What is the 'quenelle'? Why Zoopla have decided to end their sponsorship with West Brom over the Nicolas Anelka gesture


What is the ‘quenelle’?

The ‘quenelle' is a part-anti-Semitic, part-obscene hand gesture that has spread across France, and has sparked controversy in England since Nicolas Anelka chose the Premier League as a perfect location to demonstrate it.

Thought to be named after an long, fish meatball dish because of its resemblance to a suppository, the gesture is formed by pointing one arm down while touching the shoulder with the other arm.

Last Christmas, the gesture was believed to have provoked three vigilante attacks by gangs of young Jewish men who were retaliating against the ‘quenelle’, with incidents reported at a hotel, disco and the attack of a young Muslim man in Lyon.

The gesture gained notoriety following its repeated use by French comedian Dieudonné M’Bala M’Bala during his shows.

The Paris public prosecutor's office has opened a preliminary investigation against Dieudonné for 'incitement to racial hatred'

Is the ‘quenelle that offensive?

Dieudonné and many of his admirers, ranging from the far left to the far right, insist that it is merely an “anti-establishment gesture”, surviving from his “anti-Zionist” campaign in 2009. However, critics say that it is a calculated, anti-Semitic provocation.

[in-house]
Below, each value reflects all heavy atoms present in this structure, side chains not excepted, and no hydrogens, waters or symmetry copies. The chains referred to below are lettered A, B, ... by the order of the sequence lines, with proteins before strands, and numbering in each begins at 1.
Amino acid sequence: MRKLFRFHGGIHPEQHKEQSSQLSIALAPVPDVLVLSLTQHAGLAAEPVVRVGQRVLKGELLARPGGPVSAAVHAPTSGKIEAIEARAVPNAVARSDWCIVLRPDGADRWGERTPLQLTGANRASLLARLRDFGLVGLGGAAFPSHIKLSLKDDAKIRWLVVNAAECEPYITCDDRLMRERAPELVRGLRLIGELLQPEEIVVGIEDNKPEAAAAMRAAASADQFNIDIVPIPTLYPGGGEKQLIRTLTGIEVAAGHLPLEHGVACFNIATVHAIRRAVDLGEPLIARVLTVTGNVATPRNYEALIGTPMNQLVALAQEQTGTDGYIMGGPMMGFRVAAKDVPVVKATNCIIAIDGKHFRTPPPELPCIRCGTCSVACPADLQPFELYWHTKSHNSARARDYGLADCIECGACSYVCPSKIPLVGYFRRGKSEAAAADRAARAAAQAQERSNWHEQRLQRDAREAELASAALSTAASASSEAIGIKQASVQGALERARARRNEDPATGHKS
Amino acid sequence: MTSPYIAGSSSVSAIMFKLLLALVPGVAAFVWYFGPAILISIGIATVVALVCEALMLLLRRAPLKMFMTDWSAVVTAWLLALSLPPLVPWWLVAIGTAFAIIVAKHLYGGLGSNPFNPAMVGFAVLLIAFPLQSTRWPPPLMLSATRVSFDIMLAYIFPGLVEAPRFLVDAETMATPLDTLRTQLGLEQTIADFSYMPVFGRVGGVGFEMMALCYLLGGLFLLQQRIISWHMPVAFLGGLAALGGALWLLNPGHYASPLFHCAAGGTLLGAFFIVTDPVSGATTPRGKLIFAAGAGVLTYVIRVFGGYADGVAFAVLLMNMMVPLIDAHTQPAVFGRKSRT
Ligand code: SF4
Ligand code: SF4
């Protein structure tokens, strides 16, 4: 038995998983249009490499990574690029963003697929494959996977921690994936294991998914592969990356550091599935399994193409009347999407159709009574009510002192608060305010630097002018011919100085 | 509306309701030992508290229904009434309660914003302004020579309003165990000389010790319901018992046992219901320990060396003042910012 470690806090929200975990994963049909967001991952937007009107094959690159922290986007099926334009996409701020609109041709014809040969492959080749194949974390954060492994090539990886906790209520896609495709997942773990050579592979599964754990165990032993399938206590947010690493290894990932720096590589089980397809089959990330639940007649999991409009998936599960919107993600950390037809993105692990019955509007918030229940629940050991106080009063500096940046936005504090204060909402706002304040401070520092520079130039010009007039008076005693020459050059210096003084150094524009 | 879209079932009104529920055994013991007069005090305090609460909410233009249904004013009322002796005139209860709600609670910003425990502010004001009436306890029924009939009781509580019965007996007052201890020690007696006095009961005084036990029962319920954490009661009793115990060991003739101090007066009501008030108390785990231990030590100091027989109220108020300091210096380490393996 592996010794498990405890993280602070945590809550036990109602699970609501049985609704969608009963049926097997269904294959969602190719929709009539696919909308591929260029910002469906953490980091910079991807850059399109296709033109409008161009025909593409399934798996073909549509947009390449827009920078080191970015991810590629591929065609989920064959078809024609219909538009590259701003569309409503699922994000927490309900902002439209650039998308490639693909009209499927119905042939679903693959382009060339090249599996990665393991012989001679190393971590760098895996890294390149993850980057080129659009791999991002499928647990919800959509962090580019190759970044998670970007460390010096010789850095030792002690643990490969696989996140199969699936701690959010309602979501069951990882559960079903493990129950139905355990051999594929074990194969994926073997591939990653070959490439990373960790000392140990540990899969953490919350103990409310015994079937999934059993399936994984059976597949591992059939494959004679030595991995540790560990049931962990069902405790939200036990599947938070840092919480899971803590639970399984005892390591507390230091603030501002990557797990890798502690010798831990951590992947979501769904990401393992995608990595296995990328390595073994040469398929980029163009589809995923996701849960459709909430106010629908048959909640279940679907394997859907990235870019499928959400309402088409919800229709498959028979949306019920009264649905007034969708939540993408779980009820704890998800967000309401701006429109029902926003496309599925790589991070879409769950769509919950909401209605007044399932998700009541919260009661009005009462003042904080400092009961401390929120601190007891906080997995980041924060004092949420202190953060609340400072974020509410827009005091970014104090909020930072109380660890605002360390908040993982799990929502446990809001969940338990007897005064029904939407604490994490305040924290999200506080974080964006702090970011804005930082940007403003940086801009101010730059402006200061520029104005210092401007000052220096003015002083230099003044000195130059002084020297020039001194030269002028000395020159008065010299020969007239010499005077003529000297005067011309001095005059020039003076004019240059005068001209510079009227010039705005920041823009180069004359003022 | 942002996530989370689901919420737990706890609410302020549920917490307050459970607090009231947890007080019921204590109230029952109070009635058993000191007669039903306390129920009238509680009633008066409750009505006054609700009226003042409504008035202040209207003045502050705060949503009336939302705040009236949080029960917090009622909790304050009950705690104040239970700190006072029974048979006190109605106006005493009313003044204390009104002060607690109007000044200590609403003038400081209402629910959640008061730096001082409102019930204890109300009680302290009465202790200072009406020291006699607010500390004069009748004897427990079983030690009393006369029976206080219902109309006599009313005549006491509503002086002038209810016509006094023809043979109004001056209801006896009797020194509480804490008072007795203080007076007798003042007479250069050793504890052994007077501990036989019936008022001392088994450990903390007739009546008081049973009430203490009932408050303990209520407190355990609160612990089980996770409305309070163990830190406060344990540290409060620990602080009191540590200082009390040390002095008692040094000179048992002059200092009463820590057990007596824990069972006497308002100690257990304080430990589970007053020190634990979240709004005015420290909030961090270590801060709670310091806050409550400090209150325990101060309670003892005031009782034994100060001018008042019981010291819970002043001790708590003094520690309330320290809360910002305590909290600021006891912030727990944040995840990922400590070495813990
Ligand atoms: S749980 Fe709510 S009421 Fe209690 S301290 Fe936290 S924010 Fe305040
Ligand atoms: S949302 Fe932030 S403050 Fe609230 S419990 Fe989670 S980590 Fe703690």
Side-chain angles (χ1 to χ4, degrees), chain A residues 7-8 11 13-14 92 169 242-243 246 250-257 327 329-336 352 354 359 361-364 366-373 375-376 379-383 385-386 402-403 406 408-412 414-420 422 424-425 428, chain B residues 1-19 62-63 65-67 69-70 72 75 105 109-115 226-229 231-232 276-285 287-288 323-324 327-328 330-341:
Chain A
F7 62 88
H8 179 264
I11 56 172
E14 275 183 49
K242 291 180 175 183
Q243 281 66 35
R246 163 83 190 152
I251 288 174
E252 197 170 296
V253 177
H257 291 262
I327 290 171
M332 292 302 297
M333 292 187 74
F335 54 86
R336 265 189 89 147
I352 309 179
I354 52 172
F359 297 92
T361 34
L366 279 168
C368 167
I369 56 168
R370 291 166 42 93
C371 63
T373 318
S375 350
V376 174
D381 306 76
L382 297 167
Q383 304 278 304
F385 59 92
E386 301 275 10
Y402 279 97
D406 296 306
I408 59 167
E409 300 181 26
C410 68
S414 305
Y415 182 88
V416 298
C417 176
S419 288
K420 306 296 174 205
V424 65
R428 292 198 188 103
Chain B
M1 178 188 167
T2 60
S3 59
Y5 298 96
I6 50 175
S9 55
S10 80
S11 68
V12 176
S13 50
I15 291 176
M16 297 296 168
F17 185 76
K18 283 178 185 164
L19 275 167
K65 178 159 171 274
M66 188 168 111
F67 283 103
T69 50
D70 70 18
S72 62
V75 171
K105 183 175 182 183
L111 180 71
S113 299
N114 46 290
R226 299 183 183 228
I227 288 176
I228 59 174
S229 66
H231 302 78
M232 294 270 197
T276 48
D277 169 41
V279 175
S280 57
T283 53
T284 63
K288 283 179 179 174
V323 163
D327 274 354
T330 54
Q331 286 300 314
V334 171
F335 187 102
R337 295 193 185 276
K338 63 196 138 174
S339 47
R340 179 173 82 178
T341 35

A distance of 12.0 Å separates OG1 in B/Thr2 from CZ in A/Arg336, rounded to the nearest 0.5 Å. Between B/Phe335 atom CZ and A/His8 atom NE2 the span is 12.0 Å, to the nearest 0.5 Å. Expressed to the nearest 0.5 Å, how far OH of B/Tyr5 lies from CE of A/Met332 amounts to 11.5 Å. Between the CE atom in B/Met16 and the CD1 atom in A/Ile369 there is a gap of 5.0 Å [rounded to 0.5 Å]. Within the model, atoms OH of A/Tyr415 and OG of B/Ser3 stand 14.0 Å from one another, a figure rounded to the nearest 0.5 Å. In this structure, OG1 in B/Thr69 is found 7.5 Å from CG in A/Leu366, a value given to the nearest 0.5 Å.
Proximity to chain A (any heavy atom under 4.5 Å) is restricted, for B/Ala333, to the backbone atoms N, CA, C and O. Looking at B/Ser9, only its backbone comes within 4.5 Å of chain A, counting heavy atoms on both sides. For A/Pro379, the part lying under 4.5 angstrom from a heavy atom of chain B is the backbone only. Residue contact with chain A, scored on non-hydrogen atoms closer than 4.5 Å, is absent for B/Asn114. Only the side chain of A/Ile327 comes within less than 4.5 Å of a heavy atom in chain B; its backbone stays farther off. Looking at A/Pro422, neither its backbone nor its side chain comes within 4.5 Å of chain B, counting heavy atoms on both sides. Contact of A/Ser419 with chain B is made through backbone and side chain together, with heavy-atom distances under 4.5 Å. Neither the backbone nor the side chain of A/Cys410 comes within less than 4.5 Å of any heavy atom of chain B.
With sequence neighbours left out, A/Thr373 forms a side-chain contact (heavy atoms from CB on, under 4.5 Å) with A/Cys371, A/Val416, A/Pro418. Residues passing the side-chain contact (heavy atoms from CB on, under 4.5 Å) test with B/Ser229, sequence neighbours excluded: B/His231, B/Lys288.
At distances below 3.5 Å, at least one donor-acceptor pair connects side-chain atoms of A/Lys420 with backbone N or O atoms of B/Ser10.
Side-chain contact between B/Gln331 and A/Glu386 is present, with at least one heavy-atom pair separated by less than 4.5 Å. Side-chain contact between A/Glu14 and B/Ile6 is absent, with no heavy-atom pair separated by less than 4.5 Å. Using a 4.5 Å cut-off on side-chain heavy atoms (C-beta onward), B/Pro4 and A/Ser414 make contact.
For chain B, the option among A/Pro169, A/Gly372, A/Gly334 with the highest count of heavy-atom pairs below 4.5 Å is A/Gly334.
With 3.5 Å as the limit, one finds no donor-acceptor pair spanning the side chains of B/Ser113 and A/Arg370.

The president of the French league against racism and anti-Semitism, Alain Jakubowicz, says that the gesture signifies “the sodomisation of victims of the Holocaust”. Dieudonné has started a legal action against Mr Jakubowicz for libel.

Jean-Yves Camus, a French academic who studies the extreme right, says the ‘quenelle’ has become a “badge of identity, especially among the young, but it is doubtful that all of them understand its true meaning".

Why is Dieudonné a controversial figure in France?

Despite several convictions for anti-Semitic remarks, Dieudonné has strayed once again over the boundary between self-proclaimed anti-Zionism and outright provocation. During his one-man show, he attacked Patrick Cohen, a Jewish radio journalist who has publicly criticised him.

Dieudonné said: “When the wind turns, I don’t think he’ll have time to pack a suitcase. When I hear Patrick Cohen talking, you see, I think of gas ovens.” France Inter, the radio station for which Mr Cohen works, has brought a case against Dieudonné for provoking racial hatred.

The French Interior Minister, Manuel Valls, threatened to ban all public appearances by the comedian Dieudonné M’Bala M’Bala, including his popular, one-man show in his own theatre near Bastille in Paris.

It is against this background that three gangs of young Jewish men took matters into their own hands in Lyons last weekend. One gang attacked a young man of North African origin accused of putting a photo of himself “doing the quenelle” on Facebook.

The other gangs attacked a hotel and a disco, alleged to be places where the quenelle was performed regularly. Six young men face prosecution for “premeditated gang violence”.

From Dieudonne to Nicolas Anelka: The hand signal that sparked a race row in France